Barrier Hedging & Screening Plants

Julian Bosdari posted this on 18 Jul 2016

HEDGE PLANTS FOR SCREENING AND SCREENING TREES barrier hedging

Most hedging plants and trees will, in time, provide excellent screening and protection - you can neither see nor get through a well grown beech hedge. The lists here do not therefore cover every plant, just some of the ones that specialise in being "obstructive". Please remember that time is necessary to create a hedge. If you are planting relatively small plants (which is always best as they establish and grow away much better
than larger ones do) you must allow at least 18 months and preferably 2 years before they are beginning to present a serious obstacle to a determined person in a stout leather jacket.

Screening Hedges

Screening hedging is generally designed to keep someone or something in or out and so the hedge screen plants here tend to be thorny. That does not take away from their beauty - just think of a rose. Some, such as most of the Berberis are truly vicious and we advise wearing leather gloves when planting and trimming any of the hedge plants that follow:

Darwin's Berberis.
An evergreen Berberis with extremely prickly, dark shiny green, holly-like leaves. The new leaves are almost red and turn green as they age. Orange flowers in Spring.

Julian's Berberis, Wintergreen.
Another evergreen hedging Berberis with dark green, spiny (a giraffe would think twice about these)leaves. Yellow flowers in spring. To 2 metres.

Green Berberis.
Lovely flowers, little berries, beautiful foliage and flexible, needle sharp spines that can find their way through the stitching in leather gloves. Vandal proof hedging.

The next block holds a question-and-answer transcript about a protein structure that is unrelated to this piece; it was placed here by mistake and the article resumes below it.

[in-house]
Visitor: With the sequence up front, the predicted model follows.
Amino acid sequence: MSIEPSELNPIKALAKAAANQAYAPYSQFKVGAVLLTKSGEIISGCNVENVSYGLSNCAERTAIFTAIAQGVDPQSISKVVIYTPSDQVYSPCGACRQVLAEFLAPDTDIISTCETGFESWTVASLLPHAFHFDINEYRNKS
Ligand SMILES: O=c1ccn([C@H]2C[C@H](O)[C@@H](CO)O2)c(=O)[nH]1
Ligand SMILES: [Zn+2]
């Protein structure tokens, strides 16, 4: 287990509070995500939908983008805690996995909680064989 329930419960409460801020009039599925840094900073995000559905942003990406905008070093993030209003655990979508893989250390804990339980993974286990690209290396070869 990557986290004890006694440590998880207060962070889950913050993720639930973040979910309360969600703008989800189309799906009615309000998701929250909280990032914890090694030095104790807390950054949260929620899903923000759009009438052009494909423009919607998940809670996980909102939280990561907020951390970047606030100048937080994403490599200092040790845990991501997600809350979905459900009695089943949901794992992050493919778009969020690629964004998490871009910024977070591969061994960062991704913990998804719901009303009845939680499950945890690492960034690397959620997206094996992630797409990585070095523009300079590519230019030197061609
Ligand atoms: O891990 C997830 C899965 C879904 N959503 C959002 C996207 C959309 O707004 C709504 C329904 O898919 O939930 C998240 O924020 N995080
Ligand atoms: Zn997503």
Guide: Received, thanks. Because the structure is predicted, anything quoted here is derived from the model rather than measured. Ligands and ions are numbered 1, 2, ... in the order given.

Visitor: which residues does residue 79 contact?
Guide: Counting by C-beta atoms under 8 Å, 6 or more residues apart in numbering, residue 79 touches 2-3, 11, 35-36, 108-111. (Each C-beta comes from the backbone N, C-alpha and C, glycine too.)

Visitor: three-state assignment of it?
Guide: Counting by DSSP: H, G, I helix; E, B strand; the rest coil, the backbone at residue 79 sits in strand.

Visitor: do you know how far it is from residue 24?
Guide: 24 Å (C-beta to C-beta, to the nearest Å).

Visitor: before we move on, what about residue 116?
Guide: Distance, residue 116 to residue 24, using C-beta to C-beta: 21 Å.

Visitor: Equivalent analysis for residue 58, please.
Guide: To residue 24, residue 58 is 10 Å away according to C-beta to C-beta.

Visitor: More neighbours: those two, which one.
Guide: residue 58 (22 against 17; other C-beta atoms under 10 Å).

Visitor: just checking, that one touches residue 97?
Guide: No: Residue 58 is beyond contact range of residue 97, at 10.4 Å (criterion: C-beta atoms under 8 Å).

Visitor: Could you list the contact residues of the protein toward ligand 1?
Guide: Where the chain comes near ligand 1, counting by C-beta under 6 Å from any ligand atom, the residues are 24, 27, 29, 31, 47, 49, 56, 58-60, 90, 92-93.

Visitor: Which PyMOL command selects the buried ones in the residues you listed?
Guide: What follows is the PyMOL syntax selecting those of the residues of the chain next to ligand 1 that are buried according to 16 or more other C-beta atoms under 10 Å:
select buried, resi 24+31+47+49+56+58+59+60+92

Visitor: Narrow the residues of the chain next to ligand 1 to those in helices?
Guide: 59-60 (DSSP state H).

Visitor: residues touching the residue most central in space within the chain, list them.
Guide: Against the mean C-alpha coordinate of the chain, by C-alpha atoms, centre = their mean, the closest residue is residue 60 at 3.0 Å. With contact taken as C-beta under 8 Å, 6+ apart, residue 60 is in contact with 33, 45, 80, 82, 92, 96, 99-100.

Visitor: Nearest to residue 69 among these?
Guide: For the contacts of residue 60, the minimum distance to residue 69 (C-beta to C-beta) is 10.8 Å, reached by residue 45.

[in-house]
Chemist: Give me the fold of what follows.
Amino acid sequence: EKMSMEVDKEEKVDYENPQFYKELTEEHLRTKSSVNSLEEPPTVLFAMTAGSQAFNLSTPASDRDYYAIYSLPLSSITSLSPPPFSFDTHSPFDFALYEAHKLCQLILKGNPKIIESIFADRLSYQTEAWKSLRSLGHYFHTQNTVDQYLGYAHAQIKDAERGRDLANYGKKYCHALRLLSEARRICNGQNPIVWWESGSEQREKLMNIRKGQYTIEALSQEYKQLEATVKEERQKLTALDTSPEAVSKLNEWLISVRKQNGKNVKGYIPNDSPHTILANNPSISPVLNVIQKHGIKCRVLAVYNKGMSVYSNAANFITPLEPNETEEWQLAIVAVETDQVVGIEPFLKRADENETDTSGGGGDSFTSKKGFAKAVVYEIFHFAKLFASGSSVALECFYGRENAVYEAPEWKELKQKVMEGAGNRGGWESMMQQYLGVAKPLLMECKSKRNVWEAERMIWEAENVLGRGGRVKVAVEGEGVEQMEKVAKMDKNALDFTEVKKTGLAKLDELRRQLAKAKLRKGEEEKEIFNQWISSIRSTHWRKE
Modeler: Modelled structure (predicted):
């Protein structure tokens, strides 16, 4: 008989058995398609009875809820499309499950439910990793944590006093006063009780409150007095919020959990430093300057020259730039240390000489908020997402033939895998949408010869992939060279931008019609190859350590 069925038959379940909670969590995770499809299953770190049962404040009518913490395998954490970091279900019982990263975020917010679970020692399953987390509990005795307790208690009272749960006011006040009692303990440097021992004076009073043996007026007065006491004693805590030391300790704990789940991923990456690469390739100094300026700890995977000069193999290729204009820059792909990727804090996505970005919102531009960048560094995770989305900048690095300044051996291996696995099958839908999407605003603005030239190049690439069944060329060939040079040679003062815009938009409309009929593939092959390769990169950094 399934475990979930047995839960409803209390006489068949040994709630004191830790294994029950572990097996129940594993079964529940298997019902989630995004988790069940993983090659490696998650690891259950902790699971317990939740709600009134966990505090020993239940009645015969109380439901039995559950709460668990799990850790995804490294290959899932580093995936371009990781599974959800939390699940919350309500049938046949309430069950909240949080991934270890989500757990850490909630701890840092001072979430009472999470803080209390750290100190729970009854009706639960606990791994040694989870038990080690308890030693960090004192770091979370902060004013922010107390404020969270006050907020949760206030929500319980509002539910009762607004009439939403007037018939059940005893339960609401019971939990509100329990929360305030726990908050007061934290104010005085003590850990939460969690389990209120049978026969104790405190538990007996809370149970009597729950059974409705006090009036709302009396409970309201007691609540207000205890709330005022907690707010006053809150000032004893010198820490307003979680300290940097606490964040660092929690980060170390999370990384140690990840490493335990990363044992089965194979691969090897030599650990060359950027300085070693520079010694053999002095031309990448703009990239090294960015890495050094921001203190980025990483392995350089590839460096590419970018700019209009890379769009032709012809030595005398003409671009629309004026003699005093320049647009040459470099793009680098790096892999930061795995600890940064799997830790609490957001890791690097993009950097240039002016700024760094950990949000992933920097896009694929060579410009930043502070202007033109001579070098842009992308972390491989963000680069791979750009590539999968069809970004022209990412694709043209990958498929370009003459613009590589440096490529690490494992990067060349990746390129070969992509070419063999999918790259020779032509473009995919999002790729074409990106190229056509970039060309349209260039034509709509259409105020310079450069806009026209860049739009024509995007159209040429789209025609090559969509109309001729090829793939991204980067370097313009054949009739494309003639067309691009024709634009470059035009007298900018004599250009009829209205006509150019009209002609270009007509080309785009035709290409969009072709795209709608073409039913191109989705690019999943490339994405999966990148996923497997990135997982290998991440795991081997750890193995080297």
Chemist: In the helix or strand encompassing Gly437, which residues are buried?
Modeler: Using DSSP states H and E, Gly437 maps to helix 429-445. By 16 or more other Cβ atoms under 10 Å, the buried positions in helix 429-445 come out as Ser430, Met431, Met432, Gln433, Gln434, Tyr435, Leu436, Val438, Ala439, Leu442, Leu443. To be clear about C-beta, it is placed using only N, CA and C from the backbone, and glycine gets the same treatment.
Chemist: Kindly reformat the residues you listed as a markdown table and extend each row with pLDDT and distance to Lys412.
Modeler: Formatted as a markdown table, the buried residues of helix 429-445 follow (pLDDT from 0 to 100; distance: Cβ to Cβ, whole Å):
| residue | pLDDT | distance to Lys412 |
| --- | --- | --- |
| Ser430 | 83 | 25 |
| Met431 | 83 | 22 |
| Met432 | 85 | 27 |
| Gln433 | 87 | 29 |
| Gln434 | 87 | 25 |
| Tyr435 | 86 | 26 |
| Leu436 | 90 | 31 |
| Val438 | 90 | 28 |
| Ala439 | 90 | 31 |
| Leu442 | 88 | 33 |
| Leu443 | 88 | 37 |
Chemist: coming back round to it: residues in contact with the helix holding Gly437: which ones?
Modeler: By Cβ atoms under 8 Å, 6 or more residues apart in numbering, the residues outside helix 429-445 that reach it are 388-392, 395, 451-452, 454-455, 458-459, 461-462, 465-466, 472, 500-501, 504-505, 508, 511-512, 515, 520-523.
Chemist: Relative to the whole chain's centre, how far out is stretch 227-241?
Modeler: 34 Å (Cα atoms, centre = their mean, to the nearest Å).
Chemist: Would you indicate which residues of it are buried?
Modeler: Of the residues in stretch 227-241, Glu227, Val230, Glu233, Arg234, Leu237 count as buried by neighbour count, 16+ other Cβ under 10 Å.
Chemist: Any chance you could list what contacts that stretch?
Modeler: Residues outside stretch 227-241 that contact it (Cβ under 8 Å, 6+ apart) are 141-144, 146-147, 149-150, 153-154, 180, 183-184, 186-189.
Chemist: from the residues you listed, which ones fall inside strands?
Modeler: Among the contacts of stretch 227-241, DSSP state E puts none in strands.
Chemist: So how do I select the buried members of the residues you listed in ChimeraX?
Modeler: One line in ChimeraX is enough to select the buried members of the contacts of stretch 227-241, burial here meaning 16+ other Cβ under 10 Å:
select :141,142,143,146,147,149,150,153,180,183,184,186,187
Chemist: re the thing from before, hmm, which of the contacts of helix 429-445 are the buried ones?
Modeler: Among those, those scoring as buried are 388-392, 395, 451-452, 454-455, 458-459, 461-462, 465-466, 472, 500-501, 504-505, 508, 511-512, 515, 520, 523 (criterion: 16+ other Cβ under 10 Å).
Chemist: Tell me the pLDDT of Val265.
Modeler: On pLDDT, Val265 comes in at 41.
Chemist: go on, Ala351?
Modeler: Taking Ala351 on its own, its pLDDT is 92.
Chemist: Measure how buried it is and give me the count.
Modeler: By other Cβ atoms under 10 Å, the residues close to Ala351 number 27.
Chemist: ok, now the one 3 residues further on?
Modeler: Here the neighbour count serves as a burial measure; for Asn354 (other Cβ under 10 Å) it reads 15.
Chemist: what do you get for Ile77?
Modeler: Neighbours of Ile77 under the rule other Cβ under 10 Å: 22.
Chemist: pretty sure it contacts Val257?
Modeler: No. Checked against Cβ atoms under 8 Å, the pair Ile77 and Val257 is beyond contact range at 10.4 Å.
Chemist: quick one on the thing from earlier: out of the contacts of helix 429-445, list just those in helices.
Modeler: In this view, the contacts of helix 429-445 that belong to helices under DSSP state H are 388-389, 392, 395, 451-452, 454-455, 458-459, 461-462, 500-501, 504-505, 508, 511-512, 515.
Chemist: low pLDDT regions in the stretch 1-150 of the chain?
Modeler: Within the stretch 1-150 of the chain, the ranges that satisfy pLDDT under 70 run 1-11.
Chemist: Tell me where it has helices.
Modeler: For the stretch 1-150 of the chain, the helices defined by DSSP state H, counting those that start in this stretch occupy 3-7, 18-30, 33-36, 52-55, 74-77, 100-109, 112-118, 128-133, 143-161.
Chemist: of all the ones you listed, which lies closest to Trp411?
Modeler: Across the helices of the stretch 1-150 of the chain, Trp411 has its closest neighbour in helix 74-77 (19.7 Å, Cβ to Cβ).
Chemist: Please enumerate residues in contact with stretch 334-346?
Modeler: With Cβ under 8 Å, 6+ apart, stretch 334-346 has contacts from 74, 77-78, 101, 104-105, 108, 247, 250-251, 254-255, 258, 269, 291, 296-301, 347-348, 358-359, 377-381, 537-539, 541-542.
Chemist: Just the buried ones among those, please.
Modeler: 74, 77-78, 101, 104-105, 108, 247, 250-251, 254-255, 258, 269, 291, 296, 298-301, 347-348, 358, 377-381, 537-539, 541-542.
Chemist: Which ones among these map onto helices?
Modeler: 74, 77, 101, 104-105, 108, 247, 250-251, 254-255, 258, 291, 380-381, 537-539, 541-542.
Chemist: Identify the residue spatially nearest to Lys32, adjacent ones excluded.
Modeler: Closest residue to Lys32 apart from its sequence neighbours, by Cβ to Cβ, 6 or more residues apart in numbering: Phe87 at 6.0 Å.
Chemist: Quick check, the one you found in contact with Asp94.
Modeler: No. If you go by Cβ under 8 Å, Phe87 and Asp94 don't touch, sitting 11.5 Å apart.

Purple Berberis.
Similar in every respect to Green Berberis except the leaves are purple. The two plants look well together.

Blackthorn, Sloe.
The allotment owners favourite hedging plant. Blackthorn is suckering, dense growing, spiny, good for birds and carrying sloes in the autumn.

Holly.
Needs little introduction. Produces an impenetrable hedge quite quickly. If planted in any number, some of the plants will be female and carry berries through the winter.

Hawthorn.
The traditional country barrier hedge. If it works for bulls....

Ramanas Rose, White.
These are thorny roses, that sucker well, so making a thicket, and can be cut with a trimmer. Excellent for hedges to 2 metres

Ramanas Rose, Red.
Identical to the White Ramanas Rose, this caries wine red flowers intermittently through the summer and autumn. Huge orange/red rosehips.

Scotch Rose.
The spiniest rose of them all, the Scotch Rose suckers well and is ideal for hedges to 1.2 metres.

Maintenance of these hedges involves weeding in the early years and one clipping a year. Formative pruning should be done in mid-winter. All these plants, including the roses can be cut with a hedge trimmer

 

SCREENING

Trees and some hedge plants can be the only solution to an eyesore. Some such as the Hybrid Poplars and Willows are not the most beautiful, but grow very quickly indeed (2-3 metres a year). They can give you "a quick fix" and buy time for other, slower hedge plants or trees to grow enough to take over. Others such as the Laurels are evergreen and dense and can blot out car headlights and noise. In town the Privets grow quickly, clip well and are evergreen.

Hybrid Willow.
Not the most delicate of willows, but it grows at up to 3 metres a year (yes that is about 10 feet) and coppices well. To 10 metres

Hybrid Poplar.
As fast growing as the hybrid willow, but growing taller and wider. To 15 metres.

Laurel, Common or Cherry.
Good as formal hedging, Cherry Laurel is also an excellent screening plant. Its thick leaves absorb light and noise making it ideal for roadside planting. To 6 metres.

Lawsons Cypress, False Cypress.
An excellent, fast growing hedging and screening conifer. Clips well and makes a handsome tree for taller screens. To 30 metres

 

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Categories: Hedge Plant Advice
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